European shares edged away from 4-1/2-year highs on Monday as weak economic data from China and worries about Italy undermined the optimism generated by last week's strong U.S jobs numbers.
The dollar was still rising on the payrolls data, touching a 3-1/2-year high against the yen and at a 3-month peak to the euro after the surprise employment growth boosted optimism over recovery in the world's largest economy. [FRX/}
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But Europe's broad FTSEurofirst 300 index was down 0.2 percent at 1,192.70 points, away from September 2008 peaks, after ratings agency Fitch downgraded Italy and China reported weak factory output and consumer demand.
"I think the Italian downgrade is acting as a bit of a wake up call," Alastair Winter, chief economist at investment bank Daniel Stewart & Co.
Fitch cut Italy's debt rating one notch and gave it a negative outlook late on Friday, citing the current political uncertainty, a protracted recession and high levels of debt.
The ratings cut and fresh data showing Italy's economy contracted a hefty 2.8 percent last year saw Italian shares drop 0.7 percent and also hit Spain, where the main equity index, the IBEX, fell 8.4 percent.
The bigger euro zone market indexes like Paris's CAC-40 and Frankfurt's DAX were 0.3 and 0.2 percent lower, respectively, while the main euro zone blue chip index, the Euro STOXX50E dropped 0.5 percent.
China reported over the weekend that annual industrial production for January and February combined was 9.9 percent - the lowest level since October 2012 - while its consumer price index had risen more than expected last month.
Winter said the combination of weak industrial data from China and the renewed spotlight on the euro zone's problems caused by the Italian downgrade may have made investors wary of pushing prices higher after the strong gains so far in March.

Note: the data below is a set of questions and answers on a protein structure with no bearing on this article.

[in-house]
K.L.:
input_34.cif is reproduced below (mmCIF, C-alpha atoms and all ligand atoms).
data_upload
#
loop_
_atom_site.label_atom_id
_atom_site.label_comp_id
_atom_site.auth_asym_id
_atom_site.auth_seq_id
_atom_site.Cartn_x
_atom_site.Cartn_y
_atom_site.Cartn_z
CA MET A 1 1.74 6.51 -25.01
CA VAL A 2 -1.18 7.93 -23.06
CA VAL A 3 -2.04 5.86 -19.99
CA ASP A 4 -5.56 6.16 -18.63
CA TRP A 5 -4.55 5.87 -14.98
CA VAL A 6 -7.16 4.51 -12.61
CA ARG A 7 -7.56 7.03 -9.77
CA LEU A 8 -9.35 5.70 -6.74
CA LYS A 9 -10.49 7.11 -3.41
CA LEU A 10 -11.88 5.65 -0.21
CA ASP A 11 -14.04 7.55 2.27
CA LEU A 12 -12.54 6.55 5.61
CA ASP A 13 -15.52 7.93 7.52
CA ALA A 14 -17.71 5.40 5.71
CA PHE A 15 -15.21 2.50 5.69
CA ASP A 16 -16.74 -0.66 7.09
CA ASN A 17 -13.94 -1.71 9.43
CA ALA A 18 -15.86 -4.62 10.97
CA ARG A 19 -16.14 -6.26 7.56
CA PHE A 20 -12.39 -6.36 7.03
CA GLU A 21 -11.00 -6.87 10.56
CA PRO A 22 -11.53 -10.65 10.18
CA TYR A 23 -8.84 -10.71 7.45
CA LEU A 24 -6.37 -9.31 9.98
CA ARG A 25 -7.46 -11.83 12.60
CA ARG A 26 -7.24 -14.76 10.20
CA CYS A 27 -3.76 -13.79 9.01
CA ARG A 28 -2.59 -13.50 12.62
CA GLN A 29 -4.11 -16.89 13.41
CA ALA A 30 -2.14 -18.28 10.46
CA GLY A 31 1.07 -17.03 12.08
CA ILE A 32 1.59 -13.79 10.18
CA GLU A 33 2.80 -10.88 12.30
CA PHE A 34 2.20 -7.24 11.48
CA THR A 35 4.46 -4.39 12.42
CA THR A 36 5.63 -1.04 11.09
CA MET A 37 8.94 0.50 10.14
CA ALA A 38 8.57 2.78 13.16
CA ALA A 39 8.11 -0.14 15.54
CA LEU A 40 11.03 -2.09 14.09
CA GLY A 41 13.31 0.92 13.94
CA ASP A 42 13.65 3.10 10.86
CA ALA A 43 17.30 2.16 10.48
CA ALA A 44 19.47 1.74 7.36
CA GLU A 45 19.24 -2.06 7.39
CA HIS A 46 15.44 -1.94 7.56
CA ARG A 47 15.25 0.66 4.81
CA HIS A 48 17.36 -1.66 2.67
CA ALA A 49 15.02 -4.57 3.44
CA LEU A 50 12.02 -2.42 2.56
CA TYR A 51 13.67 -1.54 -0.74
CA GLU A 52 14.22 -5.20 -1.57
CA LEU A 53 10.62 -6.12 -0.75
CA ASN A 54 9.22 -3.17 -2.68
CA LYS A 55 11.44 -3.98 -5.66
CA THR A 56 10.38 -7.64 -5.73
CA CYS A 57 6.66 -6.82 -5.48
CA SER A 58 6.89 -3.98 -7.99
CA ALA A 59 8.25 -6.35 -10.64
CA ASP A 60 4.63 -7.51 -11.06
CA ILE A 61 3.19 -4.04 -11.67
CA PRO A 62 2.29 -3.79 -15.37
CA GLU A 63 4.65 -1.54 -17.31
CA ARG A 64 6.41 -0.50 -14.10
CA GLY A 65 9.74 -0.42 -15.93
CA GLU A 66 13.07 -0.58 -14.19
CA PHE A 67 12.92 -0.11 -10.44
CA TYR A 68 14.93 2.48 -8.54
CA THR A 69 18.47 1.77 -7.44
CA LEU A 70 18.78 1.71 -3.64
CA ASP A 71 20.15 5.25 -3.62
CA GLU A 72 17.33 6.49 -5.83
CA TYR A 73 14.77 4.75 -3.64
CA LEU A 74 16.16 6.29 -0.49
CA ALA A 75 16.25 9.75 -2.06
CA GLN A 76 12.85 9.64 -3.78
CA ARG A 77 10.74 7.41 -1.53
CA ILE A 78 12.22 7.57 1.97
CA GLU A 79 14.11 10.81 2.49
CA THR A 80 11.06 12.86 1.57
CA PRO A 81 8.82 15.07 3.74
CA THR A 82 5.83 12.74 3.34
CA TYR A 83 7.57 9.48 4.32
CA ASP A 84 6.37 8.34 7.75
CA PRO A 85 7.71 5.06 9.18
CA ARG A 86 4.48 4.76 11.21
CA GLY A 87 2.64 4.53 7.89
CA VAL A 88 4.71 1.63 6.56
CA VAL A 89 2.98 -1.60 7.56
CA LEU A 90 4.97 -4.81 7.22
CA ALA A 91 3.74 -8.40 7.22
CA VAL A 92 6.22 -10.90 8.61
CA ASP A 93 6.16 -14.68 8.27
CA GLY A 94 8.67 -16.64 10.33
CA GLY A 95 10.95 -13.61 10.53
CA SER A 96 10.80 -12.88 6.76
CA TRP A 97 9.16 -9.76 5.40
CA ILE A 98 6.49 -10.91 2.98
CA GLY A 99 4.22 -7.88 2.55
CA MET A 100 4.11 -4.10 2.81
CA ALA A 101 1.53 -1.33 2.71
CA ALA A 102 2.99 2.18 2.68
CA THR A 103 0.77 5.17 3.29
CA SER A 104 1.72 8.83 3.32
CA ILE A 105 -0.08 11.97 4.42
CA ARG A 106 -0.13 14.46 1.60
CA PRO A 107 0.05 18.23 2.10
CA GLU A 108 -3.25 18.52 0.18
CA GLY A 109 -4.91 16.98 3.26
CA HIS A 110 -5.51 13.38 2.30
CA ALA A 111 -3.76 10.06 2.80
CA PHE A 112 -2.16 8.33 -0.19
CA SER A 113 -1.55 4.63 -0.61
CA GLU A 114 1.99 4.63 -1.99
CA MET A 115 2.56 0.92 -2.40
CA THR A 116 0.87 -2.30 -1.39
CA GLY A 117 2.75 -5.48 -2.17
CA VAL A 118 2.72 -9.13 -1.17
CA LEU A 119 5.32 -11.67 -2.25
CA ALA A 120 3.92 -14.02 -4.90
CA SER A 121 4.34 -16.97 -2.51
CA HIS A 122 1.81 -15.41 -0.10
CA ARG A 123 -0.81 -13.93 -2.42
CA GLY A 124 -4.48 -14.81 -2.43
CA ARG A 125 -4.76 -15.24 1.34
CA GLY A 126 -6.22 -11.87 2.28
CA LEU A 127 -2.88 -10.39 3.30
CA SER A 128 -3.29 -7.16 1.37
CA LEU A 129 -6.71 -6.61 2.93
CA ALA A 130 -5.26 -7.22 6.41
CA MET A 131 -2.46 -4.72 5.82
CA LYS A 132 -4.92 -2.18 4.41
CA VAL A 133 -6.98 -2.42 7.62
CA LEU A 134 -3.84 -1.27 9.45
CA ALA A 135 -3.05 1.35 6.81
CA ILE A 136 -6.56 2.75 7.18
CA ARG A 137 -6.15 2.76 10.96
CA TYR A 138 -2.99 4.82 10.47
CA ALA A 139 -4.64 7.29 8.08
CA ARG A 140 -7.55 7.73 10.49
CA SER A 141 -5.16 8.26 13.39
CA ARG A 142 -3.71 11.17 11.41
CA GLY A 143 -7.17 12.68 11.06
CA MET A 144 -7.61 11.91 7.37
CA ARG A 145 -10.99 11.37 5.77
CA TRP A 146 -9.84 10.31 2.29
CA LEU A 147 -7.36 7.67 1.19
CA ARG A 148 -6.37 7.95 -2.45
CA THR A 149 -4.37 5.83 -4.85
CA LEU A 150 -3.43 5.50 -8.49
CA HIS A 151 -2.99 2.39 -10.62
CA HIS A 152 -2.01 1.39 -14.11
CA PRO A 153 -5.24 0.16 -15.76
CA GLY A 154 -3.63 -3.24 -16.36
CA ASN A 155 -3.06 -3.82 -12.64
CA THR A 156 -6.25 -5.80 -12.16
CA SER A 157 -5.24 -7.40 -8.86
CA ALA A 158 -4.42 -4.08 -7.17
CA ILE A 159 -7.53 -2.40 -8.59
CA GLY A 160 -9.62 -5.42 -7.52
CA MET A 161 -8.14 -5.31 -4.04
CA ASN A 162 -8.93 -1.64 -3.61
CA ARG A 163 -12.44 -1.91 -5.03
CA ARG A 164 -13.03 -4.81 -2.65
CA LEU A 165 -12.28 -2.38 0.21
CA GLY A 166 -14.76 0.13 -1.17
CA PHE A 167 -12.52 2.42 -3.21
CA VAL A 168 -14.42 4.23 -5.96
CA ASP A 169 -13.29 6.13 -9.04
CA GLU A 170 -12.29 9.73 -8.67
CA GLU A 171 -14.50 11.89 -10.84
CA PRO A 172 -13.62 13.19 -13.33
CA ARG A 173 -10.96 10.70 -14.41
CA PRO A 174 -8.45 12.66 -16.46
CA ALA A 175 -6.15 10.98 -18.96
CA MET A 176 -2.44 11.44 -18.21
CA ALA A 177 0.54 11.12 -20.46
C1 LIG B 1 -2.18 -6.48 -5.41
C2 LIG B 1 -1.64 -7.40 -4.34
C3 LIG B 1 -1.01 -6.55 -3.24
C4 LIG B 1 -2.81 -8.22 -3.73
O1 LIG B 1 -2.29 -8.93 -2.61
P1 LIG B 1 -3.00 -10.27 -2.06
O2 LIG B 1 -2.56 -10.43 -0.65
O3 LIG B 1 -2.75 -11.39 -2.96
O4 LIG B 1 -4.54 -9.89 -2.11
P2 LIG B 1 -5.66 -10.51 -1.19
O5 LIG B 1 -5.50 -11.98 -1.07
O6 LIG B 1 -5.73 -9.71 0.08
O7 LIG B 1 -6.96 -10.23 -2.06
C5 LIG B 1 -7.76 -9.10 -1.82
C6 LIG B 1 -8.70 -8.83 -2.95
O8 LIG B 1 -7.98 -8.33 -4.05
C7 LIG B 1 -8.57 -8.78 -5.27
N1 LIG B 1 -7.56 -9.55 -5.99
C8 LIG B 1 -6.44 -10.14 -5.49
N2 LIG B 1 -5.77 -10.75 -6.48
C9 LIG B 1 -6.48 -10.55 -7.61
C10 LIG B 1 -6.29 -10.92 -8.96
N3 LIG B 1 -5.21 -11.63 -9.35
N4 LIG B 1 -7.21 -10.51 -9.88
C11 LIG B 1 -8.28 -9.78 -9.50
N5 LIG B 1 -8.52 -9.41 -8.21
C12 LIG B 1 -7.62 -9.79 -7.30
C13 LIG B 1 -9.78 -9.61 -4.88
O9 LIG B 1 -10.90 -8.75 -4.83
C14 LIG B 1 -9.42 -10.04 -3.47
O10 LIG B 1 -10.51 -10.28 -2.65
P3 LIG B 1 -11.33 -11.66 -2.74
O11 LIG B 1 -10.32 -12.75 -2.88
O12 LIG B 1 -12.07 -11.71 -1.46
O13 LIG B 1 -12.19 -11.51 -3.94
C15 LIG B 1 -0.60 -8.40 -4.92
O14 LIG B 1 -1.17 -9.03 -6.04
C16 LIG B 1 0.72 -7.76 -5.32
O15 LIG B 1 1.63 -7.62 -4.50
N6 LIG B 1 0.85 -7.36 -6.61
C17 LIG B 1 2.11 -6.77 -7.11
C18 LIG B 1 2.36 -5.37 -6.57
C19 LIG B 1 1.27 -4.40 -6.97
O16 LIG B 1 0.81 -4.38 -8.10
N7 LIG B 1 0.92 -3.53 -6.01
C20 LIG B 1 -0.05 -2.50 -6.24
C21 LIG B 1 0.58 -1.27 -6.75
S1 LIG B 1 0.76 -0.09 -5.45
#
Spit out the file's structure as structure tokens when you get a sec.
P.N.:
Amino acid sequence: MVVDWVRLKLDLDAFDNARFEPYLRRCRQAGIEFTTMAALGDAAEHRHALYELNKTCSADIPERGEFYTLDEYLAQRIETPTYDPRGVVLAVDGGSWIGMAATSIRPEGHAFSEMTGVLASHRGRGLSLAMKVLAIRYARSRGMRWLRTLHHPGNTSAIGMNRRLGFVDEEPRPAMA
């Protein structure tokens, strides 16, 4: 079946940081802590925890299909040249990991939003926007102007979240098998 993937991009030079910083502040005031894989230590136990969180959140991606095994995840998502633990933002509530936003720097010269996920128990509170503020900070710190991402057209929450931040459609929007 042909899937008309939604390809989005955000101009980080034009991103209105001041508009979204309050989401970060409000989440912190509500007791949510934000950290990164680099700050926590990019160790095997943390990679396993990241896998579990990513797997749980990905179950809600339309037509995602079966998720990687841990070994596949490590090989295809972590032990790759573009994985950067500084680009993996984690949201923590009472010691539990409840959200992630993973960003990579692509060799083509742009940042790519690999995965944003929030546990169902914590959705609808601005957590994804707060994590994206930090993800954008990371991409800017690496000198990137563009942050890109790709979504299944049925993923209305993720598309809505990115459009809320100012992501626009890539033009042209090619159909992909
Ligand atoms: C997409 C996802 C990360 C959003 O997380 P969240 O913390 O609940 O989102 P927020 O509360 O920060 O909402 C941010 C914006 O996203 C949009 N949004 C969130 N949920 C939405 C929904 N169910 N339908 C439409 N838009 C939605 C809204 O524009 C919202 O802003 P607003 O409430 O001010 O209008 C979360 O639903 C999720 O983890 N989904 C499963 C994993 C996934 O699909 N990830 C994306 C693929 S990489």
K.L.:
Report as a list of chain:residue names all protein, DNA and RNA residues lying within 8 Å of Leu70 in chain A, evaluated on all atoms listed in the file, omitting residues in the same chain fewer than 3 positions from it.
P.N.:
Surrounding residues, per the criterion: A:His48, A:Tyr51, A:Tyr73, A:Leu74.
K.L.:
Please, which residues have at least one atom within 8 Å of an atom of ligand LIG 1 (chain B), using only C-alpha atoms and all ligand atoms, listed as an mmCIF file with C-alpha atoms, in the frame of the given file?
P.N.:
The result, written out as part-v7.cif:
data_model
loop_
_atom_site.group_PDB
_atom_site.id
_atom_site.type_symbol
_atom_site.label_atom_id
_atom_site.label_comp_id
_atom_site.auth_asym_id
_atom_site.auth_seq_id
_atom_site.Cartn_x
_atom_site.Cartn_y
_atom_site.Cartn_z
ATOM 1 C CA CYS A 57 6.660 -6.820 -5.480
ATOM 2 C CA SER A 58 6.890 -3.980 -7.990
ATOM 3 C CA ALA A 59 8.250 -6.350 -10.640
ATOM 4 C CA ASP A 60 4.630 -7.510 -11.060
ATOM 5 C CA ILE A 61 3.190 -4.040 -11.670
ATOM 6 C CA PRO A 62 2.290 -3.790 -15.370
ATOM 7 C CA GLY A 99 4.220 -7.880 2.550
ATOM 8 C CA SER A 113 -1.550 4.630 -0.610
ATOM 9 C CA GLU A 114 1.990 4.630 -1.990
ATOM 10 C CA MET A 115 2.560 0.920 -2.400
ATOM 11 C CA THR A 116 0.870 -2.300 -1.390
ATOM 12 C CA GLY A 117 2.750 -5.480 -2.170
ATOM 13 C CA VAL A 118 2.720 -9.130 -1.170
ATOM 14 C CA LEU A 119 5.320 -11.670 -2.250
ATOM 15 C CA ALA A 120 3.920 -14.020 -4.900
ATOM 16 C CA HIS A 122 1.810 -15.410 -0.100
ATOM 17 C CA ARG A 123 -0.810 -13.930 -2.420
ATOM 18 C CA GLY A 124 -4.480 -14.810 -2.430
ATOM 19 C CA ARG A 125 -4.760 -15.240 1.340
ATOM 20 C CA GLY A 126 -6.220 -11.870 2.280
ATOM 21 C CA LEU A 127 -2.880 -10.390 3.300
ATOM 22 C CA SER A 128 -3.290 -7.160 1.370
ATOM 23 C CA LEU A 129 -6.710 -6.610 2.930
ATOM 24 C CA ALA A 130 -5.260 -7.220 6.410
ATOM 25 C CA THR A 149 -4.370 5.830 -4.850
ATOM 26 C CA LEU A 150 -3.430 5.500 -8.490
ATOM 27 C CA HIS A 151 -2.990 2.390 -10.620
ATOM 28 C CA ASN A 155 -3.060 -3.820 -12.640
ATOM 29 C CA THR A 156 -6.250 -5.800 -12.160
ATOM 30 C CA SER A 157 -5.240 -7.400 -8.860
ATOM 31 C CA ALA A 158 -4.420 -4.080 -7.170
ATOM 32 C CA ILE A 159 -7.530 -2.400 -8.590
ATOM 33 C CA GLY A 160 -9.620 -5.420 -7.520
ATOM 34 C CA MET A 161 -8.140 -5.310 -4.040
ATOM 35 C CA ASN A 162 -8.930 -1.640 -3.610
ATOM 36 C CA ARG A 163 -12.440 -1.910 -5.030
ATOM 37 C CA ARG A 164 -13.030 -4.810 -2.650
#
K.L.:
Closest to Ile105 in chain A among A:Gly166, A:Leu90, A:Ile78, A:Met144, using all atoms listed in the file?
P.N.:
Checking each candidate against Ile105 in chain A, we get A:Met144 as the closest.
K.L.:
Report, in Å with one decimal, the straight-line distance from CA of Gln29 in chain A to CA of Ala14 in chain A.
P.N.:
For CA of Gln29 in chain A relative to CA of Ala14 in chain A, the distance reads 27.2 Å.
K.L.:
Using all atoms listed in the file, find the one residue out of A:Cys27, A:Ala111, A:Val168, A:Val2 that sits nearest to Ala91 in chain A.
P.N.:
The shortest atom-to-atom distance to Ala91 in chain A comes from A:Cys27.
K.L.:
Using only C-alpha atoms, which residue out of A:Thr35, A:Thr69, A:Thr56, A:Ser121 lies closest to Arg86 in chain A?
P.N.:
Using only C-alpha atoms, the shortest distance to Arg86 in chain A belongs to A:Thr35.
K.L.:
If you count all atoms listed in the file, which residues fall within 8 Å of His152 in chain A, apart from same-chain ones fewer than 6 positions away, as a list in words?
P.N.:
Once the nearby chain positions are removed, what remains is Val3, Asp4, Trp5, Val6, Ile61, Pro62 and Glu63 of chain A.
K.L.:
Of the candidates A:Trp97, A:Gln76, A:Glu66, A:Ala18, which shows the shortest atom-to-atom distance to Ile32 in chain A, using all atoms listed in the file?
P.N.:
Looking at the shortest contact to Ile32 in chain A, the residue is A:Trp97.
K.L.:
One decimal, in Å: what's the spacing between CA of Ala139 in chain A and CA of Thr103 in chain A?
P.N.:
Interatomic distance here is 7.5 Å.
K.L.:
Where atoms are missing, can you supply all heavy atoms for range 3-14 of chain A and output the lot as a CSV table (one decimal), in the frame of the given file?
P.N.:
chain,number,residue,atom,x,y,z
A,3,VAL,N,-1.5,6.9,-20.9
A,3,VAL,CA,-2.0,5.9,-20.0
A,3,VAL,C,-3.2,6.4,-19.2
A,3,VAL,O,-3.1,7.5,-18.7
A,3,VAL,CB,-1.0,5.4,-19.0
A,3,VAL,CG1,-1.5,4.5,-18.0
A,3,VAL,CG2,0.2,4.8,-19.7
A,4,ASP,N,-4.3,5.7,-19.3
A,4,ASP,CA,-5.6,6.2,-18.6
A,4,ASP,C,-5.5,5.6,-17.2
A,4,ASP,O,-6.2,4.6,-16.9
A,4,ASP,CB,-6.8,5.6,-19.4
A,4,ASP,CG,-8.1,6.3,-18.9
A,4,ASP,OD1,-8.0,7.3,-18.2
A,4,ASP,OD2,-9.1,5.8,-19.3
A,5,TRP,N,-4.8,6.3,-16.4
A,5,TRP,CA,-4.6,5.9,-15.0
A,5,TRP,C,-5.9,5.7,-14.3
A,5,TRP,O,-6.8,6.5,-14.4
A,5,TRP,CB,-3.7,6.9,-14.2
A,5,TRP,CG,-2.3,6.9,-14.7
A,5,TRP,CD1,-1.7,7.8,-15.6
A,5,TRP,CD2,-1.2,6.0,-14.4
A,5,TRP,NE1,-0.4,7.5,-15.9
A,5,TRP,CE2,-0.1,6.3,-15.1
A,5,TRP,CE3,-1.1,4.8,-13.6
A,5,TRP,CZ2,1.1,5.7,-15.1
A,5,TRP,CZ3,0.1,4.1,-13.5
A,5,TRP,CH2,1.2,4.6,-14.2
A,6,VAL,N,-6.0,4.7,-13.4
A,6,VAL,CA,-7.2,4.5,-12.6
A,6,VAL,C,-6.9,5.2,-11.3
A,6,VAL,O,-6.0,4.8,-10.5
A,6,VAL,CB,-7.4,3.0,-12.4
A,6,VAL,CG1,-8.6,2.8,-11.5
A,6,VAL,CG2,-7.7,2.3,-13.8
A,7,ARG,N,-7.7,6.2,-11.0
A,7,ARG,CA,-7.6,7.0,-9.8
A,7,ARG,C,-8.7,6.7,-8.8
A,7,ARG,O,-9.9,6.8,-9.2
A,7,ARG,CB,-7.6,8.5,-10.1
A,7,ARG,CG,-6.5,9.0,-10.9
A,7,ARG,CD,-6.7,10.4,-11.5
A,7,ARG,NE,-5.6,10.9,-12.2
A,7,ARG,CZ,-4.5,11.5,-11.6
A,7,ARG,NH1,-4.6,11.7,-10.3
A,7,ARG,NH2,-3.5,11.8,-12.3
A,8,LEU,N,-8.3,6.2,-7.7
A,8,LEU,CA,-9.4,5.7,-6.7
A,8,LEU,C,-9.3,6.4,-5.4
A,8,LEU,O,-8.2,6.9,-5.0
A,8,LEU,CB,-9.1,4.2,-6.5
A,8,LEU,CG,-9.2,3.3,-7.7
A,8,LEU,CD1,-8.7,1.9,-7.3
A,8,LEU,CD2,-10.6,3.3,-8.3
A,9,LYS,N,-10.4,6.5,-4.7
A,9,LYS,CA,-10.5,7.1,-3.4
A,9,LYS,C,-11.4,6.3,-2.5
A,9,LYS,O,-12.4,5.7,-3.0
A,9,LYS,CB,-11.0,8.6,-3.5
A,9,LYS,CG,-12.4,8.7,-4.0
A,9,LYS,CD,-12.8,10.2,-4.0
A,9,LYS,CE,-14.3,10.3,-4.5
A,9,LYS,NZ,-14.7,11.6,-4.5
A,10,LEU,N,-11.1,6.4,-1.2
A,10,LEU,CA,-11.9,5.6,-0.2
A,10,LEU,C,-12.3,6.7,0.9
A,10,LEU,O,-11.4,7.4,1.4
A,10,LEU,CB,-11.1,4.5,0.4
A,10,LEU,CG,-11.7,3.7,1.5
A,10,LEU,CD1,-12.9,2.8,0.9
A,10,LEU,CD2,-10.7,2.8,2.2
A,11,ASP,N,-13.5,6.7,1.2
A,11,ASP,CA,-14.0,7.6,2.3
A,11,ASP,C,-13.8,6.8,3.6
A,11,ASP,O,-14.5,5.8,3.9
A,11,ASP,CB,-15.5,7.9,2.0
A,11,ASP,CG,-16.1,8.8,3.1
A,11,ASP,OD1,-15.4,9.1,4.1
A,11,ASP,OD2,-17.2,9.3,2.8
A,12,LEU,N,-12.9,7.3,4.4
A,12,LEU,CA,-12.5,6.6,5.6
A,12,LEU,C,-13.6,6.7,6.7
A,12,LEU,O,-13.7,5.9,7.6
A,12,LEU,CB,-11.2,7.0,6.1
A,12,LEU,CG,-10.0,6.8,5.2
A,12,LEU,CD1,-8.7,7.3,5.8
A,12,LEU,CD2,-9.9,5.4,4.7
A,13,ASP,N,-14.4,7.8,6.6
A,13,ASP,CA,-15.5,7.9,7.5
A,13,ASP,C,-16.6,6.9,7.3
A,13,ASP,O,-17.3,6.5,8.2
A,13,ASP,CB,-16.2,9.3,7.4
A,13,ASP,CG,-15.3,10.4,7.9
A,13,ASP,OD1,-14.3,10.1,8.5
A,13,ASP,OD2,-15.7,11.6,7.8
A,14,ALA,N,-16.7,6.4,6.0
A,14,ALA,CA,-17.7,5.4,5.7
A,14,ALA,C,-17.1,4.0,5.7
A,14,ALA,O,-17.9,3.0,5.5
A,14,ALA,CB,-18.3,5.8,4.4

The benchmark Euro STOXX50E has actually outperformed the more widely watched Dow Jones Industrial index this month so far even as the U.S. benchmark has been posting record highs.
U.S. stocks might also see a pullback on Monday after an historic week when all three major market indexes -- the Dow, the S&P 500 and the Nasdaq Composite -- racked up their biggest weekly gains since the first week of the year.
MSCI world equity index meanwhile was little changed at 360.4 points holding near its mid-2008 highs.
The Italian downgrade also rippled through Europe's sovereign bond market with investors worried about its impact on a bond sale later in the week. an
Ten-year Italian government bond yields rose 7.4 basis points to 4.67 percent, while the main futures based on the debt was down 59 ticks to 108.78.
The yield gap between 10-year Italian and safer German bonds widened to 315 basis points, and the cost of insuring Italy's debt against default also rose.
Foreign exchange markets were focused on the dollar which has gained sharply against a broad range of currencies since Friday's strong payrolls data boosted hopes of a steady economic recovery this year.
The data has also fuelled speculation the U.S. Federal Reserve could back off from its ultra-loose monetary policy sooner than anticipated and this adds to the currency's appeal as other major central banks hint at looser polices ahead.
"There are expectations that the Fed could consider reducing the size of its asset purchases in the second half of the year and this could help the dollar," said Valentin Marinov, head of European G10 FX strategy at Citi.
Commodities were drifting lower weighed down by the weaker Chinese industrial production data.
Brent crude fell 62 cents to $110.23 a barrel, after ending last week marginally higher to snap three straight weekly losses. U.S. oil slipped 19 cents to $91.76, after ending 39 cents higher on Friday.
Copper, which is also closely linked to the outlook for demand from China, dropped 0.9 percent to $7,670 a tonne on the London Metal Exchange.